Leadership Notes from John Maxwell

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John Maxwell has written a lot of books and has been involved in helping people study, learn, and contemplate leadership for several decades. He is in the vein of Zig Ziglar and Dale Carnegie in giving people easy principles to remember and he’s a communicator who speaks all over the world. What’s my point?

I have recently been trying to distill my own personal library down to books that I can not only benefit from and practice, but internalize and make a part of what I do daily. In other words, I want to go deeper not wider. Does this mean I won’t read widely? No, but this does mean that I want to continue to go deeper in to areas of strengths and interests. And among these areas is in the arena of leadership, communication, and people development. Maxwell can be a bit ‘cliche’ at times, but he’s interesting, people focused, and pretty entertaining.

In the coming weeks, I will try to make some notes available from other leadership coaches. Why? Because this is a site that explores the impact of ideas and leaders truly influence how we think and the ideas we investigate.

“When leaders stop valuing people, they should stop leading people.” This principle hits home and is important. Maxwell goes on to unpack that the ‘rule of 5’ is one of consistent, everyday, showing up, performance. The ‘rule of 5’ will remind you of the 10,000 rule made famous by Malcolm Gladwell in his book entitled ‘Outliers’, which he references.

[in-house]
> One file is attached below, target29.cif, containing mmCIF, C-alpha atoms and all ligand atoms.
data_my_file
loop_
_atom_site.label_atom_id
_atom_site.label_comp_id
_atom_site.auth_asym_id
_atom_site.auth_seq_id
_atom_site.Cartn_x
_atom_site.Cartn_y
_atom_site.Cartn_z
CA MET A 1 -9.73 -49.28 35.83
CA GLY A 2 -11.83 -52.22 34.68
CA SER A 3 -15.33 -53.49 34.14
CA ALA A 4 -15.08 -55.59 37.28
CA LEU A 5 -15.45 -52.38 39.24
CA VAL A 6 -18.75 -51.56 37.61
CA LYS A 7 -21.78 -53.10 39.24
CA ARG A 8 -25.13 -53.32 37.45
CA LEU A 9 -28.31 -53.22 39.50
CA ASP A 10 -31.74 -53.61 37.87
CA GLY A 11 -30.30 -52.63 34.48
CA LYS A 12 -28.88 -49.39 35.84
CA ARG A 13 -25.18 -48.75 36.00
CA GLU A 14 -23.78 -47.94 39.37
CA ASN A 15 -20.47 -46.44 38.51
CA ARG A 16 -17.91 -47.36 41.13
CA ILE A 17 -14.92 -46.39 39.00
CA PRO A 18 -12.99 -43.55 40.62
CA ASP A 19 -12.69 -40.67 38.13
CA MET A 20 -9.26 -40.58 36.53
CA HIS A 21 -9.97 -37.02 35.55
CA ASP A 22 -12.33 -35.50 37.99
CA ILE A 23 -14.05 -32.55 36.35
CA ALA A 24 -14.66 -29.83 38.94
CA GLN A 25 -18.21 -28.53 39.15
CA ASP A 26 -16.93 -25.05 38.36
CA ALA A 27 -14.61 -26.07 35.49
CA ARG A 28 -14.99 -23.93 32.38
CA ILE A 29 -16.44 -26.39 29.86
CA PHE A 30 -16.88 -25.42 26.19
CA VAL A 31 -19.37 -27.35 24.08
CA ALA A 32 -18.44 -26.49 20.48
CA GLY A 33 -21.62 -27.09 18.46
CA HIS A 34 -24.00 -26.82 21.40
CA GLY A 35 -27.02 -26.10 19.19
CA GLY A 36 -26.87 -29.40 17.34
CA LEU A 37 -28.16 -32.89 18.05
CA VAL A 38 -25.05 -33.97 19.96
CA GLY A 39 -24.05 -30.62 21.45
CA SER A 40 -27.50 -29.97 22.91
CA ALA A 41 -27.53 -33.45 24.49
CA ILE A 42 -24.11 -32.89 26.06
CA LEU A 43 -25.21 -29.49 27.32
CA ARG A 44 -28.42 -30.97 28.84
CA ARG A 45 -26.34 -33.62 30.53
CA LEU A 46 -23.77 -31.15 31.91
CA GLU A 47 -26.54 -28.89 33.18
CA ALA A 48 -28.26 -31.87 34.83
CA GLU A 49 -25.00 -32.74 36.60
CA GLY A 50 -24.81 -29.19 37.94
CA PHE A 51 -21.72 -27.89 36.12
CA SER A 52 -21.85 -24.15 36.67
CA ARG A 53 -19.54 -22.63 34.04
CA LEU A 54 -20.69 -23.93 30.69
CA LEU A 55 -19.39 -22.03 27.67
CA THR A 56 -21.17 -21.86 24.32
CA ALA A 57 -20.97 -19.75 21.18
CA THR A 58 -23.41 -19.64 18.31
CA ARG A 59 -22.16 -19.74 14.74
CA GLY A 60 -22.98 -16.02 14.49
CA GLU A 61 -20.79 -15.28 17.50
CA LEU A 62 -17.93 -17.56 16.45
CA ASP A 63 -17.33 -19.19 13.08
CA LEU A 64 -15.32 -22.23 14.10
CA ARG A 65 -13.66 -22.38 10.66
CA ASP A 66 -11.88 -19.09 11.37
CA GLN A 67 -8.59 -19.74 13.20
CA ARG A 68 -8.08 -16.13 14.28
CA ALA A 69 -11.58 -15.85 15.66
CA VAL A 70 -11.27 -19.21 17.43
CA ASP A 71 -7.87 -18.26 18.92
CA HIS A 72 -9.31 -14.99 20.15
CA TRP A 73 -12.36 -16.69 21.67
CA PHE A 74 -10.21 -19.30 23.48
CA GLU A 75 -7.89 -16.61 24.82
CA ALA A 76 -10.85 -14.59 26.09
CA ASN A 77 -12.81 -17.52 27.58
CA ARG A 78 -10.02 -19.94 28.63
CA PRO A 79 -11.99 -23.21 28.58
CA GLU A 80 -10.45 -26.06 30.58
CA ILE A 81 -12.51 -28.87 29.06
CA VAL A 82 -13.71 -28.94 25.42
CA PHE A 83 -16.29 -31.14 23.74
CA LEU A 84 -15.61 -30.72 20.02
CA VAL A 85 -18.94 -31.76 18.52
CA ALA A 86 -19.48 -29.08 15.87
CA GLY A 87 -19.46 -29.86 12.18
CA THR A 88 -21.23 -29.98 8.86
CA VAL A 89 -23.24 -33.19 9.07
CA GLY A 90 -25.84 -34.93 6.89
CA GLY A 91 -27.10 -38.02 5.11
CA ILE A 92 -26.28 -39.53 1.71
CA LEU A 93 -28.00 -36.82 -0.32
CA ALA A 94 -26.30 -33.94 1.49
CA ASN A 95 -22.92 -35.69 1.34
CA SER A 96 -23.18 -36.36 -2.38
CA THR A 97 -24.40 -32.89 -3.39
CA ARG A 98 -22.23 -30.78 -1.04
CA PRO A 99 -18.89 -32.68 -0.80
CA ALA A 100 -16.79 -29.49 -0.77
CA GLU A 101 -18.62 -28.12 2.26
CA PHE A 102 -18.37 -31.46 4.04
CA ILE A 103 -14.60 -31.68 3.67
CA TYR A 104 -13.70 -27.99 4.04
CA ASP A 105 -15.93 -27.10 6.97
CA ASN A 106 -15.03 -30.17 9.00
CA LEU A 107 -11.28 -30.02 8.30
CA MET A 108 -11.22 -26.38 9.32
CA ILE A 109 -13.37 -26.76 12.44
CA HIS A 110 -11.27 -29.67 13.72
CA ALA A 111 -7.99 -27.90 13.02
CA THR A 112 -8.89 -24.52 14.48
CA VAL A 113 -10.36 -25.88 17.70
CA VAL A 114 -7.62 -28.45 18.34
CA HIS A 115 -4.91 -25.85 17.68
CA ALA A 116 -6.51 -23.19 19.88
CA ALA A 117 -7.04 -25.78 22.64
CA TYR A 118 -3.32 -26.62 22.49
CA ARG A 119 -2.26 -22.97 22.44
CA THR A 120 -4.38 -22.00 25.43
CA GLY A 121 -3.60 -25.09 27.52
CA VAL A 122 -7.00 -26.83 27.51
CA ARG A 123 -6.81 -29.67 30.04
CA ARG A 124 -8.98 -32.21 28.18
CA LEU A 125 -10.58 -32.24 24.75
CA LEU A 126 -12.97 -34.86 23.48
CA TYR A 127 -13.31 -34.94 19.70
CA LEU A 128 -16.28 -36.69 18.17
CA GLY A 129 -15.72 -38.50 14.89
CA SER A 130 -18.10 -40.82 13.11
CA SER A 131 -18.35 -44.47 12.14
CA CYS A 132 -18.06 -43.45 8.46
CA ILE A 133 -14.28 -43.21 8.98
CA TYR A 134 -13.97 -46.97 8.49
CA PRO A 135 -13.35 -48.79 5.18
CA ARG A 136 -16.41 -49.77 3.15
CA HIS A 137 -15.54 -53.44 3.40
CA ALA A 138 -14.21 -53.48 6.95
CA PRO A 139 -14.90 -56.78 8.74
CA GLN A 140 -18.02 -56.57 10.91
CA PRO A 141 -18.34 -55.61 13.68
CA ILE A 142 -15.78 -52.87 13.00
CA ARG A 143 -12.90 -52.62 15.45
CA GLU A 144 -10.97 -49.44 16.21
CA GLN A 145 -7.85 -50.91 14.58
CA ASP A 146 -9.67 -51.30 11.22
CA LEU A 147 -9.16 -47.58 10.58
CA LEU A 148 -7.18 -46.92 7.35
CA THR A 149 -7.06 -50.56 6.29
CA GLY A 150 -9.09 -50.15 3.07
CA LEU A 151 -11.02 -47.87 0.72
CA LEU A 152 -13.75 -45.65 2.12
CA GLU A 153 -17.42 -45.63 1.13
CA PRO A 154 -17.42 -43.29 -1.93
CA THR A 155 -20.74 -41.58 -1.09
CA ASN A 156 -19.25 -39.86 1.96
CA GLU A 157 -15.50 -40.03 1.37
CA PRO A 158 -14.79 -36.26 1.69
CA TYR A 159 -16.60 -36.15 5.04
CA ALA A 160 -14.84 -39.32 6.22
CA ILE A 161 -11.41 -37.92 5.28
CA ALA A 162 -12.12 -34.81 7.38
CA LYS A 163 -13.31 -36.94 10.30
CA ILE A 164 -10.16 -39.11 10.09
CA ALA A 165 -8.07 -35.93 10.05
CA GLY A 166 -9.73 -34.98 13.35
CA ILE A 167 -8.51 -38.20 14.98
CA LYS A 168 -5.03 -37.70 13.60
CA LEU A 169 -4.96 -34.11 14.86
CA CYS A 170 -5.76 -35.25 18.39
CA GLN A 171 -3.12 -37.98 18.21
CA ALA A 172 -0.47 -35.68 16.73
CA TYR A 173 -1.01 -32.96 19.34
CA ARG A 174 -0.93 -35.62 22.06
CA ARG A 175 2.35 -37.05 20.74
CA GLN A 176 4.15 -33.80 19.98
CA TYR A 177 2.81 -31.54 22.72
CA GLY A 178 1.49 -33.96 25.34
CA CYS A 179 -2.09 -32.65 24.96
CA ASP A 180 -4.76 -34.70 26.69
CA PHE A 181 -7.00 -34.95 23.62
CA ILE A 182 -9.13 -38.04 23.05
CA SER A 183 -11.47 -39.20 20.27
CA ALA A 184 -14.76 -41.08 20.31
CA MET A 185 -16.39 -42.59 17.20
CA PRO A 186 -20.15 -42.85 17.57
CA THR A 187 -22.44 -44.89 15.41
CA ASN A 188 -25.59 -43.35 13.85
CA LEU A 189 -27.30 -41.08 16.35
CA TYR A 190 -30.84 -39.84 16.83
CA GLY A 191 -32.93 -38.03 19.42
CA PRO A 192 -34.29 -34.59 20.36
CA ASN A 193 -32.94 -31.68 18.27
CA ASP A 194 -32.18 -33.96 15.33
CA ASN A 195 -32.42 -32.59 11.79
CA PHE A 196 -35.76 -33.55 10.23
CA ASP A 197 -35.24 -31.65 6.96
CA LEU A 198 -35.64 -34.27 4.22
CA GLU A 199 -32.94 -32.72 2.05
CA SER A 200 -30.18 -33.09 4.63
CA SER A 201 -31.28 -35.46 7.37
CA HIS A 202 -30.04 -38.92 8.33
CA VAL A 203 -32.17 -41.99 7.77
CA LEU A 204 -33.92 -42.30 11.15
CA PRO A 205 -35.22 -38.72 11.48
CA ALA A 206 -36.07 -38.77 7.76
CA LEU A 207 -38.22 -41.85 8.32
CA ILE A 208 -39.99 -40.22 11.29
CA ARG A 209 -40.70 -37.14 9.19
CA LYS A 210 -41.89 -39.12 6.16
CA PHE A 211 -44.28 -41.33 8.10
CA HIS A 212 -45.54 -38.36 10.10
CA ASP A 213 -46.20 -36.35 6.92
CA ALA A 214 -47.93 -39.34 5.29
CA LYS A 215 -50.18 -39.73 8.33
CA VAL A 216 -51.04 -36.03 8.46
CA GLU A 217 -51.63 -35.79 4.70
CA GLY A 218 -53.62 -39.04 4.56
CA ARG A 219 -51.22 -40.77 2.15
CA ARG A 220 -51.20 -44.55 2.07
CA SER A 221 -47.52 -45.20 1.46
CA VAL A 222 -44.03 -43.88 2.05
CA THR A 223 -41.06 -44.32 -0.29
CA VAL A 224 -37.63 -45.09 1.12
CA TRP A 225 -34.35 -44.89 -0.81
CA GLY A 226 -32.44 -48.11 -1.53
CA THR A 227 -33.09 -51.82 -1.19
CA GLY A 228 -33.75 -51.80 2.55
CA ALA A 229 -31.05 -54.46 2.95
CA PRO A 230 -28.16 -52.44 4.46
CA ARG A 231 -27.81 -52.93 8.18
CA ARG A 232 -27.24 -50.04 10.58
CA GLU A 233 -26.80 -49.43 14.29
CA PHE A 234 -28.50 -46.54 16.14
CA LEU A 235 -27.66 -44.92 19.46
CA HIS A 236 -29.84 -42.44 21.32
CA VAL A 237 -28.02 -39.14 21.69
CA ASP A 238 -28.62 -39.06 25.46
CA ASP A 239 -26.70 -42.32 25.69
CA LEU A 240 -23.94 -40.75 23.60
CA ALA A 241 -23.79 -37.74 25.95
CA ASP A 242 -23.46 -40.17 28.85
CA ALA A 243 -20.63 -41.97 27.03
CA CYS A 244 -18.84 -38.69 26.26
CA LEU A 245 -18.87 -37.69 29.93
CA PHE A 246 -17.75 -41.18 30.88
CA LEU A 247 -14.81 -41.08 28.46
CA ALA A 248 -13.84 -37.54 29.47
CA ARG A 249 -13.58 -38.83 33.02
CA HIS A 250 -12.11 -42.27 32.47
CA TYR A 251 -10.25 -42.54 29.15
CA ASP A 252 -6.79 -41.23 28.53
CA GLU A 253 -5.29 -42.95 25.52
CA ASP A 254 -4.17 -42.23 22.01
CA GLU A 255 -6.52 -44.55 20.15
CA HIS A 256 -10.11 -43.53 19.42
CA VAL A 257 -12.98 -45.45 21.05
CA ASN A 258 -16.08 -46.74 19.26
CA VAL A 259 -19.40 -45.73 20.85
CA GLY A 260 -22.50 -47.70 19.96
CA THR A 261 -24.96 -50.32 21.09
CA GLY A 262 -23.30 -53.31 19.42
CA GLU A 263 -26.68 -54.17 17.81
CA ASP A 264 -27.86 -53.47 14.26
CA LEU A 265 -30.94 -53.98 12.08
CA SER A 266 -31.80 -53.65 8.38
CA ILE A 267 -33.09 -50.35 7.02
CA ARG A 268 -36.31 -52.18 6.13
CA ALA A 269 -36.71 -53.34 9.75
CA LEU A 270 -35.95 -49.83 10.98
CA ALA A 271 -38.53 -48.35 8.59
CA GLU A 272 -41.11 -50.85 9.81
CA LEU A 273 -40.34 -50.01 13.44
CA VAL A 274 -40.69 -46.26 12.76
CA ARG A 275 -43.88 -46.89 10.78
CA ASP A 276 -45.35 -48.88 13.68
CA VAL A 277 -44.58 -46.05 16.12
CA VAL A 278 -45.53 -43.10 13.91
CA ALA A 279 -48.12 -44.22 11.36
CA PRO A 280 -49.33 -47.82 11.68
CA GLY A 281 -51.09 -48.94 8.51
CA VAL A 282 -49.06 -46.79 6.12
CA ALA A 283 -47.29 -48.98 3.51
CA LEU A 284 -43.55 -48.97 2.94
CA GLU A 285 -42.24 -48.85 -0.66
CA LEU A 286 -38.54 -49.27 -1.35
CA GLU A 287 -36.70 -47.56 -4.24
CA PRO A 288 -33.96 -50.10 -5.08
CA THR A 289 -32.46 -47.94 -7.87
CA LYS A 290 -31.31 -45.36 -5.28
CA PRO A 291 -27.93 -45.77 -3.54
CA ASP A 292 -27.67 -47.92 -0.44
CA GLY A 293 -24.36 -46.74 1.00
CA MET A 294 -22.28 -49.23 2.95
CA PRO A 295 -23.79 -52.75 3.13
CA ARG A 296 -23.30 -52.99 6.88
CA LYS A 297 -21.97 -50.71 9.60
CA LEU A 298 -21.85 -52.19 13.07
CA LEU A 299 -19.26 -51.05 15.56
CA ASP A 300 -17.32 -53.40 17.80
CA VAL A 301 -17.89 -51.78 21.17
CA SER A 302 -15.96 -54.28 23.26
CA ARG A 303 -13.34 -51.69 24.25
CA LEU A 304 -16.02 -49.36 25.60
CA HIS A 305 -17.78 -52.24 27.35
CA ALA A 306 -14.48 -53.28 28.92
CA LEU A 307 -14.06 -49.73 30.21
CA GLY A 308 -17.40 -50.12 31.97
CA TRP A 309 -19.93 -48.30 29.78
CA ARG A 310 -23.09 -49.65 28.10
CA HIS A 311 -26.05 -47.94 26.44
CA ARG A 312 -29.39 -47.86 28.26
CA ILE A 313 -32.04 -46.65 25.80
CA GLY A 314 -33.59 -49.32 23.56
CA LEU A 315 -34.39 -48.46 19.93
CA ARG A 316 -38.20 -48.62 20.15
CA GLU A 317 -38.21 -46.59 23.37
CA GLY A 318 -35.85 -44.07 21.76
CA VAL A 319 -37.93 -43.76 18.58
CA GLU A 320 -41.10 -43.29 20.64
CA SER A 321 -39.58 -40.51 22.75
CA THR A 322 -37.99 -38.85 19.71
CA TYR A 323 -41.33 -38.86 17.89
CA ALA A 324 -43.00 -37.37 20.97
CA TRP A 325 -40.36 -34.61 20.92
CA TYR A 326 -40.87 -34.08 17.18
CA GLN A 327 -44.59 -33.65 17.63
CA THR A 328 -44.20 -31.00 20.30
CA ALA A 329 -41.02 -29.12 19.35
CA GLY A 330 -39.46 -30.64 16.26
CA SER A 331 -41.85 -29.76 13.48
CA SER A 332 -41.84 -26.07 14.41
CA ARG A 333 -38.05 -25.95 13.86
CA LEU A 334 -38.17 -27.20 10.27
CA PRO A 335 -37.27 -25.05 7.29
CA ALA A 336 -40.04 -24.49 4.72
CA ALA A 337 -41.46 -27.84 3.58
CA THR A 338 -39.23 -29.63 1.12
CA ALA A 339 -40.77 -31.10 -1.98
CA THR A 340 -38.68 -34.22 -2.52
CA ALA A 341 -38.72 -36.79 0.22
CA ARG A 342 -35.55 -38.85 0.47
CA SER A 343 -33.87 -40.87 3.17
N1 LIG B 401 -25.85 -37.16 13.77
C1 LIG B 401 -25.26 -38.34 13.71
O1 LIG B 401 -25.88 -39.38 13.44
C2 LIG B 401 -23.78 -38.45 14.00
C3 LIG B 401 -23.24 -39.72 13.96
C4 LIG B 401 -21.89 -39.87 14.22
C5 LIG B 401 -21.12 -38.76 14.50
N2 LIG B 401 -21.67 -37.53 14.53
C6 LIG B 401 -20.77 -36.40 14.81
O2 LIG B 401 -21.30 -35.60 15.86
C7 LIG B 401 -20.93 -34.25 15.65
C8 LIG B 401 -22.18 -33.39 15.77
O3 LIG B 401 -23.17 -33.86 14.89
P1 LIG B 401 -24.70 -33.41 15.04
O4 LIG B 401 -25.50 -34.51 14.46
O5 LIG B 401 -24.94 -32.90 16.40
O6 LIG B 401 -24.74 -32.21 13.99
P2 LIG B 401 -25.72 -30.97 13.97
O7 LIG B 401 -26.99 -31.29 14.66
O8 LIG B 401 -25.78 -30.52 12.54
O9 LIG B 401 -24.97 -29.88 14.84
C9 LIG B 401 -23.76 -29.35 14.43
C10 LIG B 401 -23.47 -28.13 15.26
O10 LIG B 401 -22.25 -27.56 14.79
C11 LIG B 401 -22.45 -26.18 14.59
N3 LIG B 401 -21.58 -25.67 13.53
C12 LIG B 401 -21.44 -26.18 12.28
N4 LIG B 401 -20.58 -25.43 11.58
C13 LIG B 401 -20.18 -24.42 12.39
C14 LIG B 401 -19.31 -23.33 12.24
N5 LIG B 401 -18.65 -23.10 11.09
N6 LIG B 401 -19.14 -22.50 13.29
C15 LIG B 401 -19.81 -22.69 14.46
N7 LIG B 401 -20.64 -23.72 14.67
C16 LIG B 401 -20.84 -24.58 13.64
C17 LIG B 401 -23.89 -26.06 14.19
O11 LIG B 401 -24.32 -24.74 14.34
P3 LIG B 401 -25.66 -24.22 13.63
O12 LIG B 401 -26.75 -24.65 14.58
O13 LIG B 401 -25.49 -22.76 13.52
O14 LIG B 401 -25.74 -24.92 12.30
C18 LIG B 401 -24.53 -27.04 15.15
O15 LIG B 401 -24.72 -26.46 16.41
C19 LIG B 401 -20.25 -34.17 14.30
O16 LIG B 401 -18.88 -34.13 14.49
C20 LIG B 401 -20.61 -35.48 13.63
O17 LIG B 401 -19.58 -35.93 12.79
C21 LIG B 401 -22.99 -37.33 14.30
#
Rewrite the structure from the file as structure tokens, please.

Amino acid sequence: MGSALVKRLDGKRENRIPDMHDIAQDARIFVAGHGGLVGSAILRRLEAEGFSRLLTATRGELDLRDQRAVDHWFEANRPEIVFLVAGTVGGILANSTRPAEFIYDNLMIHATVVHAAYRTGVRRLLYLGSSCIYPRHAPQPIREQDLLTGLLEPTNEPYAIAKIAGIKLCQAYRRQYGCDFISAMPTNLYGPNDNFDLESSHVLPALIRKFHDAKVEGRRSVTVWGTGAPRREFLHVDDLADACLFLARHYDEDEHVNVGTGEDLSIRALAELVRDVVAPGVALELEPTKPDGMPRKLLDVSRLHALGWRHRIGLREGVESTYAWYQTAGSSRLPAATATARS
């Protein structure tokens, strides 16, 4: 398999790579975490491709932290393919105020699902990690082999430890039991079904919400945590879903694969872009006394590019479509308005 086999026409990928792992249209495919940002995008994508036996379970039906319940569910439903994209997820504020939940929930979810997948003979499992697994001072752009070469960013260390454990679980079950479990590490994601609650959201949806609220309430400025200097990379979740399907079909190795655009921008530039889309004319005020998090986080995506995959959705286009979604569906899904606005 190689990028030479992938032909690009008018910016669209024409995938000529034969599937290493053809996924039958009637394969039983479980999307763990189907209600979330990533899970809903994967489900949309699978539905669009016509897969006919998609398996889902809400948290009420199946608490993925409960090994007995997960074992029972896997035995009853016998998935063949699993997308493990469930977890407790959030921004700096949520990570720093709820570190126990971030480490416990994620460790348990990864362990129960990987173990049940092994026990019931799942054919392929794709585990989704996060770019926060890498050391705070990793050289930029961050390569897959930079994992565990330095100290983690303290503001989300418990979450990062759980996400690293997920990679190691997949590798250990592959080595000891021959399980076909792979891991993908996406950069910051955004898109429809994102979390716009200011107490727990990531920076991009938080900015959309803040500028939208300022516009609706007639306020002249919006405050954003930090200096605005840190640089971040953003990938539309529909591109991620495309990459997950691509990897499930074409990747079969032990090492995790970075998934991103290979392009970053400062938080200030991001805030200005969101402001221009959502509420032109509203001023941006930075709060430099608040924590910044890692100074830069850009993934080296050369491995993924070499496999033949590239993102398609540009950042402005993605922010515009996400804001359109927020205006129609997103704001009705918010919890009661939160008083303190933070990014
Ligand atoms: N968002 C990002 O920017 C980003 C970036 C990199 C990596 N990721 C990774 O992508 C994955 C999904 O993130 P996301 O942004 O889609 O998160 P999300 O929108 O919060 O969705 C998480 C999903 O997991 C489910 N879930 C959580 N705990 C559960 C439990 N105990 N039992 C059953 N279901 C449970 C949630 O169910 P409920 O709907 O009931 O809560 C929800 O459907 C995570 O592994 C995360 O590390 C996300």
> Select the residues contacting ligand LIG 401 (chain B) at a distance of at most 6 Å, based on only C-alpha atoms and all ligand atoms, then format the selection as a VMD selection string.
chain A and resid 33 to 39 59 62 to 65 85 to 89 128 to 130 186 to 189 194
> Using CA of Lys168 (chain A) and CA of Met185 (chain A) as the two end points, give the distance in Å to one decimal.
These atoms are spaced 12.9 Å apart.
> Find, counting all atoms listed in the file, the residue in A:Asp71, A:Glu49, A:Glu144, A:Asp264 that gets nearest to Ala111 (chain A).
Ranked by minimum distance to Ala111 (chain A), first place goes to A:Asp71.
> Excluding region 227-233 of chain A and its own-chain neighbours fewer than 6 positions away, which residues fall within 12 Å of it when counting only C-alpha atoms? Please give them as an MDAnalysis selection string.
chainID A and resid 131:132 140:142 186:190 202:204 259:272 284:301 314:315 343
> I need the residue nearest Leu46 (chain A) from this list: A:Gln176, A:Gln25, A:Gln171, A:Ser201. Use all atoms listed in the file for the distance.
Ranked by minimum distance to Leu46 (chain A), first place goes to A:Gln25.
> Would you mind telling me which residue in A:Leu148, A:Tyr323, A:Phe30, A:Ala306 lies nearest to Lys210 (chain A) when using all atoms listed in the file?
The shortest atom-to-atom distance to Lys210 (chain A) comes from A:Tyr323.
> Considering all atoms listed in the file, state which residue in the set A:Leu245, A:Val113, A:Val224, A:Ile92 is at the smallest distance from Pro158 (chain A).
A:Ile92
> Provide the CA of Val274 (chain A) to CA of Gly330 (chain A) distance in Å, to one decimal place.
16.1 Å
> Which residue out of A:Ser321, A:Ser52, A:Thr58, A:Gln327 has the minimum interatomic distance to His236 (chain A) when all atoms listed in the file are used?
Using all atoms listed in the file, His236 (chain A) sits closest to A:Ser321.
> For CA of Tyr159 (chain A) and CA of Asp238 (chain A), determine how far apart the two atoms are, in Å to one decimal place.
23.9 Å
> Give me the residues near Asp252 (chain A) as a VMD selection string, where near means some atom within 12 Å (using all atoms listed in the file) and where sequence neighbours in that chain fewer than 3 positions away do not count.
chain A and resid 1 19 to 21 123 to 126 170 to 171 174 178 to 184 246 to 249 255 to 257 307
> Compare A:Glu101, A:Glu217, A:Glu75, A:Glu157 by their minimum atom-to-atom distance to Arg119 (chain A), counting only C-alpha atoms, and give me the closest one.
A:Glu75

I have gleaned a lot NOT from Maxwell’s famous 21 laws (too many for me to remember), but I have found his 5 levels of leadership helpful. He makes the point that you cannot move on to the next level until you’ve mastered the previous level. Where are you on your journey? In the next few weeks, I will add a few more ideas worth keeping in your file. Should you read novels? Yes. Should you read history? Yes. You should read widely, but we should begin to gravitate toward something deeper. The same is true in our own faith journey. At some point you want to go deeper than Sunday morning and deeper than your college ministry. More on that in subsequent weeks, but for now, perhaps you can go a bit deeper by investigating where you are in Maxwell’s five levels.

A brief video introduction of the 5 levels is found here:



The 5 levels are summarized as follows:


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